The regulator has to be paid for to do its job. Most regulators levy fees on those whom they regulate and can also impose fines for breaches of regulations and code of conduct. The budget will largely depend on what the regulator is expected to do and the sophistication of the market which it oversees. This is why I’ve left this item til last!

In all, a number of issues to consider and manage on a continuing basis. This will be an industry that will always be playing "catch-up".


Monday, 13 September 2010

We're now back from summer holidays, the children should have gone back to school (or be getting ready to start back at university), so where does that leave you?

September is a critical month for businesses. We're all gearing up for the pre-christmas push after a long summer of school holidays and absent colleagues. "Budget period" will soon be upon us (if it isn't already), so this is when you need to knuckle down to set things up for the next year.

So what do you need to do?

First: go over the current year's plan. What did you (and/or your team) want to achieve by the end of this year and how far along are you? What still needs to be done (as you've only got three months left to do it)?

Second: get back in touch with your internal and external network and/or customers. What have they seen/done/experienced over the summer? How can you support them? What might you need to put in place? Have events over the summer affected other people's ability to deliver to you?

Third: make your plan - week by week and month by month. Remember that, from mid-December, people will be off on Christmas holidays until mid-January, so time is short. By putting together a plan, you give yourself focus and direction for the rest of the year and the start of the next. So often, next year's sales are set up in these final few months of the year!

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Wednesday, 8 September 2010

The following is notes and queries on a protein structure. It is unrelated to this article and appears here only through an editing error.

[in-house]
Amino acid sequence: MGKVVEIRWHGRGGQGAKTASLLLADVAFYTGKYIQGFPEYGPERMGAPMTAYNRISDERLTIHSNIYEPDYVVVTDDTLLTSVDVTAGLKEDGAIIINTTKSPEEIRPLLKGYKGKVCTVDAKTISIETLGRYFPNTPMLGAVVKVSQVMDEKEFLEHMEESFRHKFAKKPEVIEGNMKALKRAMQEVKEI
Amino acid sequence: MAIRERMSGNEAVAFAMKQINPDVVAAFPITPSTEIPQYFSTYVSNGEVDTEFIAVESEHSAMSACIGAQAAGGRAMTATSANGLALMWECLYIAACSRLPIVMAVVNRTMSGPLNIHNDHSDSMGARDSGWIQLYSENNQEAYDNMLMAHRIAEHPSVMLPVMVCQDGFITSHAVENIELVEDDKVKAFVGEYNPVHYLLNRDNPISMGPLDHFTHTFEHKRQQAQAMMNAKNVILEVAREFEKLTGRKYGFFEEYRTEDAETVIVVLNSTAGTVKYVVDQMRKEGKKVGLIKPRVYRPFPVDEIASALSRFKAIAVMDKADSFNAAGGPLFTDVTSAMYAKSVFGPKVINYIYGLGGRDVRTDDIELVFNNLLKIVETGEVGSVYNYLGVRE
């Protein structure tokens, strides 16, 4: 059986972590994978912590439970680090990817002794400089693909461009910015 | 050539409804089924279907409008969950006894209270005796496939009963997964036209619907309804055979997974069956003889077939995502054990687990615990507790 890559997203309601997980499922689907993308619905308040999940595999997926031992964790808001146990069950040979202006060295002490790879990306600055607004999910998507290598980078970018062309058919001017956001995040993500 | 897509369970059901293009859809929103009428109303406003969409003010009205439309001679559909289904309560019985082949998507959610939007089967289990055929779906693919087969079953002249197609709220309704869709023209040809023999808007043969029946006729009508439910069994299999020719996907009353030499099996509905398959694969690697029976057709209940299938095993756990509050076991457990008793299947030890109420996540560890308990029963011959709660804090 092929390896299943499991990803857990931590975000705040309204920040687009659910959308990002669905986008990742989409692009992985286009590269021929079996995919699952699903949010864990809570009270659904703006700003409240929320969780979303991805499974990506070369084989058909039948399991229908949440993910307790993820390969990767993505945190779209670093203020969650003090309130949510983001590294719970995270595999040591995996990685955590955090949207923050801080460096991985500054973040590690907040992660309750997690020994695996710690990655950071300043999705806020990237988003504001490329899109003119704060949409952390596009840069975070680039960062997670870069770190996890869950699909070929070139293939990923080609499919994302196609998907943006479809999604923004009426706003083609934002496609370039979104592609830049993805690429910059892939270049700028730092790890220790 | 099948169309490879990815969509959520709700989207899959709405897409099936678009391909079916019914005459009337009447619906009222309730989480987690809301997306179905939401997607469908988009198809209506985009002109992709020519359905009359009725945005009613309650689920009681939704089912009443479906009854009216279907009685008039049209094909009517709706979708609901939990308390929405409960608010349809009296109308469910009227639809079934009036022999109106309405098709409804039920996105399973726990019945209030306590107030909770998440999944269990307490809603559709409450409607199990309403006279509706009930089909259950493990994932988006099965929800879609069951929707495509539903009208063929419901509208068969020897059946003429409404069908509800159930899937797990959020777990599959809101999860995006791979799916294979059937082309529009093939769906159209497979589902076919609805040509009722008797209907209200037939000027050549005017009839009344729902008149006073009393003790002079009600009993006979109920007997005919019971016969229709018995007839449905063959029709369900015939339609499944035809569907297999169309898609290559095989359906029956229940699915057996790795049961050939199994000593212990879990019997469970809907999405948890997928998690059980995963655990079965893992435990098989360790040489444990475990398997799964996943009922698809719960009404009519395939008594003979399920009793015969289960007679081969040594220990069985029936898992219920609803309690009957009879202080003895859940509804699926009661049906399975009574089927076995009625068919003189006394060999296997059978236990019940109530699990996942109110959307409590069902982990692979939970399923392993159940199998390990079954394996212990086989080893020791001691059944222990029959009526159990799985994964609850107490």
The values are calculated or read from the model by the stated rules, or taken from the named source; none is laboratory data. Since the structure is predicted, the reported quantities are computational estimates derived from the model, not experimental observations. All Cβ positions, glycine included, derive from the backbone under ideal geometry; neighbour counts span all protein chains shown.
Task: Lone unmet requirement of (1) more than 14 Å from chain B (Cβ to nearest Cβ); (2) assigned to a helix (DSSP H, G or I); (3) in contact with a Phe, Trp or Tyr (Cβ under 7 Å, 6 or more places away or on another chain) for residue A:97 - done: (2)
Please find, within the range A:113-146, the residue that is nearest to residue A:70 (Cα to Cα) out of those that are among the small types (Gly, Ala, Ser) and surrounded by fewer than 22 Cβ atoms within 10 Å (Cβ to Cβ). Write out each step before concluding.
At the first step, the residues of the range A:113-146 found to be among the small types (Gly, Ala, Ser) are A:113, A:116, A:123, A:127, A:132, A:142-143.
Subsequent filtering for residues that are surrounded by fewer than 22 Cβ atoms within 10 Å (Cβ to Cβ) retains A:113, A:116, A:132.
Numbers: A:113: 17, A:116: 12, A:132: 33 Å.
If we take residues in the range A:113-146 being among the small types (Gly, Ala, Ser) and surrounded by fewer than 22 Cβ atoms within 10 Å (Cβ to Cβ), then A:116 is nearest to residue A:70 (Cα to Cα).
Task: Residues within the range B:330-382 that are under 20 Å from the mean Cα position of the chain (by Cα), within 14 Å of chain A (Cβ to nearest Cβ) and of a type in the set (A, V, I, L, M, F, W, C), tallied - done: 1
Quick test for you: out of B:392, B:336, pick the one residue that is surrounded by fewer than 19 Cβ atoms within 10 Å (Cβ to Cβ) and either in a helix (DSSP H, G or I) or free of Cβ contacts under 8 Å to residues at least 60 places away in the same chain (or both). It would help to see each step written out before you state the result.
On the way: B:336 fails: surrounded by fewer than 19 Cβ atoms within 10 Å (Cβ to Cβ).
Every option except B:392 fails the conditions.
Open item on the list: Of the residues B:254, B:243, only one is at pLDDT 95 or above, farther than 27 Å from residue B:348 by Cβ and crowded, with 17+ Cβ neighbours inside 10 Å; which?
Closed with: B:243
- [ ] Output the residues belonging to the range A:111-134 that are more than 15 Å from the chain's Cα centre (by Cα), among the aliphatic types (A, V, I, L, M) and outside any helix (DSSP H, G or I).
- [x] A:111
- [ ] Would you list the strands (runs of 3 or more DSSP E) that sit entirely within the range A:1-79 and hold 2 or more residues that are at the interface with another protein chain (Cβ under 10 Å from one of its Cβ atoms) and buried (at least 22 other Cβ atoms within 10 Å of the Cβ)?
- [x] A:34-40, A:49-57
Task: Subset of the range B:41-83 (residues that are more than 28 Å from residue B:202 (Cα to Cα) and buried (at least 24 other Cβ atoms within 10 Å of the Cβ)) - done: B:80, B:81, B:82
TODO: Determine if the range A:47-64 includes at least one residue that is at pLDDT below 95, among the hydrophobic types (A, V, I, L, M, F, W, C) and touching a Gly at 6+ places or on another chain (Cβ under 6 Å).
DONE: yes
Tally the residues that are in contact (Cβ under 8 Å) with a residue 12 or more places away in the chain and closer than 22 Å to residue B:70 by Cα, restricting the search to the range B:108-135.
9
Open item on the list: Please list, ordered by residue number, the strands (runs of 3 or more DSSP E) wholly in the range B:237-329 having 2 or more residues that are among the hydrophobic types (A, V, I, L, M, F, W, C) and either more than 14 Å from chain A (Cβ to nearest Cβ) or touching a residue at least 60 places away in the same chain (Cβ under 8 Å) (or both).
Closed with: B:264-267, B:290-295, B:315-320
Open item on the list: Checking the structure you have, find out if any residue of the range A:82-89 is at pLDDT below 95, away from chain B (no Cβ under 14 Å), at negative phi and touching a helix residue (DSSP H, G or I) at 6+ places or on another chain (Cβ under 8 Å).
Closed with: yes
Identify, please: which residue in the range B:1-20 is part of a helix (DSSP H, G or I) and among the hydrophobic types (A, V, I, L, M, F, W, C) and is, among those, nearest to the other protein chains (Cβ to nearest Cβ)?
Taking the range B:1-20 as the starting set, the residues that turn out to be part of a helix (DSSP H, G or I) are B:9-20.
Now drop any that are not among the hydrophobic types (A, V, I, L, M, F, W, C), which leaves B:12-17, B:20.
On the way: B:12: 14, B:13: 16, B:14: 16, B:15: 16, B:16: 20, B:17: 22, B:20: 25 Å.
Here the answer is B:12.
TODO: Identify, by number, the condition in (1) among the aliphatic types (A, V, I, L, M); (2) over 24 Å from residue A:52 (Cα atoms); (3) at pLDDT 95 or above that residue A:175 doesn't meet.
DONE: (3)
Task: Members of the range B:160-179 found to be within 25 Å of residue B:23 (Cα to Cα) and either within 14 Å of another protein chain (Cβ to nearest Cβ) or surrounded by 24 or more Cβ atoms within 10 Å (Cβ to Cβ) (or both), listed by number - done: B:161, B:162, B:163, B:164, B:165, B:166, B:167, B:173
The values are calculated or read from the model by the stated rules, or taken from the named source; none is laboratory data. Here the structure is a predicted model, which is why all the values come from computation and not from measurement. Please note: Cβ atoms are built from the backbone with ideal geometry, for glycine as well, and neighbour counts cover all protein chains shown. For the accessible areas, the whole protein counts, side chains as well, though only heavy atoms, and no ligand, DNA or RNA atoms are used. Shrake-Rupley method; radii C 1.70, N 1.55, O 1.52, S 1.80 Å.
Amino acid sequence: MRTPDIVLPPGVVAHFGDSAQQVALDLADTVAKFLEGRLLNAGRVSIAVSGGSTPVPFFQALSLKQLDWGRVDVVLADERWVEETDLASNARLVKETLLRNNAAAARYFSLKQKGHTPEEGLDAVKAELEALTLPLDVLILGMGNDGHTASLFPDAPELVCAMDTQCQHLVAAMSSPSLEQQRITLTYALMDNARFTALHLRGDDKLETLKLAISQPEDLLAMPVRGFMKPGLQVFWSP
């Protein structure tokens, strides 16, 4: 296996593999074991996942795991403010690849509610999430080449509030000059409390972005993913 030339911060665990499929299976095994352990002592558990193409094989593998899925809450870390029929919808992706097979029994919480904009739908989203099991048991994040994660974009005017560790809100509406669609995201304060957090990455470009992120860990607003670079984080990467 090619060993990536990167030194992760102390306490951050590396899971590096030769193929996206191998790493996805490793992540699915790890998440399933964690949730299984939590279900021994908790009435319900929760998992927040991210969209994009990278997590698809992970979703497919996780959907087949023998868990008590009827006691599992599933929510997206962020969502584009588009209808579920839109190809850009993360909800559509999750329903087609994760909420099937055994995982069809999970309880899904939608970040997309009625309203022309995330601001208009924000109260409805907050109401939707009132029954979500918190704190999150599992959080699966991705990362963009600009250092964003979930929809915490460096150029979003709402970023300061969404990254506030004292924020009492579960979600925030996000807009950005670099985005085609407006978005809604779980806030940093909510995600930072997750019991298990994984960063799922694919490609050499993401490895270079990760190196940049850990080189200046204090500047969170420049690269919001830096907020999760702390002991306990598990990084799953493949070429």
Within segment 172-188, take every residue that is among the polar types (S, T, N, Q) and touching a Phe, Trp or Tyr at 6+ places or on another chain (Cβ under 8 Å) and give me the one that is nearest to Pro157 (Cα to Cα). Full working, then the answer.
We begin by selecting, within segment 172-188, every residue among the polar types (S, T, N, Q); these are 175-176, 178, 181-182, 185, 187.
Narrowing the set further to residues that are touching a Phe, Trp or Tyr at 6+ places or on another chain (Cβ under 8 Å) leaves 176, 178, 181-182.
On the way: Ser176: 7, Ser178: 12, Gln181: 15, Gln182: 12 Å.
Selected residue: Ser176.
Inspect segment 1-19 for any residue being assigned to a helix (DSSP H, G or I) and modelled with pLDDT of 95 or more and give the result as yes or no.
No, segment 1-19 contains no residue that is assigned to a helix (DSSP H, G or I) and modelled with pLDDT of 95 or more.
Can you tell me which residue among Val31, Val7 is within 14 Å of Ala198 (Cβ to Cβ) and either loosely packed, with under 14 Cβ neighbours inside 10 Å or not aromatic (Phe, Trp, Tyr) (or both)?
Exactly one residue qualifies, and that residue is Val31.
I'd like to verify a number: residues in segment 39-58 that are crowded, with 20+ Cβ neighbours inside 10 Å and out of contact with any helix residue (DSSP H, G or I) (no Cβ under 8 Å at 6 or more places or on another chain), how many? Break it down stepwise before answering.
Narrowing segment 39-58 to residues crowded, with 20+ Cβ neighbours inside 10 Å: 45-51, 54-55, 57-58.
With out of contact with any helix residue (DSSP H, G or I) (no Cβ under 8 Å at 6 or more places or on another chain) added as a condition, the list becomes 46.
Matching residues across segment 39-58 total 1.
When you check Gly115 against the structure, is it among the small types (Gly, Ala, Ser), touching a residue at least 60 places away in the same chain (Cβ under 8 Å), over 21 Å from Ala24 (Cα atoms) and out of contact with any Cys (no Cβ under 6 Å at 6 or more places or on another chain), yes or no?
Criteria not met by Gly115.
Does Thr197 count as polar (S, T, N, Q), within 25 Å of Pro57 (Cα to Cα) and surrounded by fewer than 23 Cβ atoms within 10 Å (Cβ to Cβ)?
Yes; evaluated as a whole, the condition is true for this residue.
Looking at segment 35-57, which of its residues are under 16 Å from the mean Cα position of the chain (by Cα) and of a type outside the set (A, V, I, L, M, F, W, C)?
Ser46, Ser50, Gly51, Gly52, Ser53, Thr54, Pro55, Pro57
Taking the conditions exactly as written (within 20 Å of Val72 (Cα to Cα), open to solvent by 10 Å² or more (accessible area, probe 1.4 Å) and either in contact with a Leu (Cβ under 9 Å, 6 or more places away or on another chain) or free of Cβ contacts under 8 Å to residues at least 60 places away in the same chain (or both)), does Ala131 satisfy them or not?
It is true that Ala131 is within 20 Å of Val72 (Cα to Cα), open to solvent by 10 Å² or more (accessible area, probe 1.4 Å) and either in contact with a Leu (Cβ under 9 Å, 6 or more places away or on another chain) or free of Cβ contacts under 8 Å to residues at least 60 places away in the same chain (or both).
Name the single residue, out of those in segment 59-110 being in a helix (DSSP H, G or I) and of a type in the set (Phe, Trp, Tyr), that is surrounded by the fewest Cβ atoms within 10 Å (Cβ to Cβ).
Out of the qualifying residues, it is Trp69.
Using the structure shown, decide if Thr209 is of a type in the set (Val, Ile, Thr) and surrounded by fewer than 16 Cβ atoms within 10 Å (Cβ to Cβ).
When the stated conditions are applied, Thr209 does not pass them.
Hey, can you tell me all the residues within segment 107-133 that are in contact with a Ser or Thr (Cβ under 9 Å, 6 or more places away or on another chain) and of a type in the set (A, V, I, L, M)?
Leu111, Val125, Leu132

Seek And Ye Shall Find..

I've received a number of calls over the last week from various organisations trying to sell me products or services. One thing they all had in common was that they were too focussed on telling and not enough on selling.

Too many sales people are so full of information on how brilliant their product/service is, that they forget to ask what their customer needs. Instead of a productive two-way conversation, you get a monologue which has resulted in me simply hanging up on several occasions. Not only has the salesman lost a sale, he or she has also lost my goodwill towards their company. What will it take to get that back?

So what do you need to do? The answer is simple - ask questions. Draw information out of the customer about what it is they need and then describe your product in those terms.

Two interesting cases:

My mother wanted to get a mobile phone, so I took her to the outlet of one of the UK's largest mobile operators. The young assistant greeted us and then immediately moved over to the latest gadgeted wonder that they had. He didn't take the time to ask what my mother needed (basically a mobile with large keys and screen so she could see what she was doing). What she didn't need was a mobile which could browse the internet, tell her where she was through GPS or allow her to watch video clips. When the assistant finally finished some minutes later, I had to bring him back to earth and take him through the process of finding out what she actually needed (and was prepared to pay for). We got the phone, but that assistant had wasted his time (and ours) and could have lost a sale or ended up with an unhappy customer who had been sold a mobile that wasn't suitable.

The second story happened a few days ago. A van turned up at our house at 6.15pm and the owner wanted to introduce his quality frozen food business. Before he could launch into his pitch, I said we were due to go out at 6.30pm, so could he hurry? He obligingly did, but started by showing frozen fish. After several minutes, my wife informed him that I wasn't a fish eater. He had just wasted his limited time trying to sell something that we wouldn't buy. He'd have done better to ask first what we ate and then moved to the product that would interest us most.

This all seems so simple to avoid, but how often do we fall into the trap of telling and not selling? What counts isn't the product, but the customer and what they want.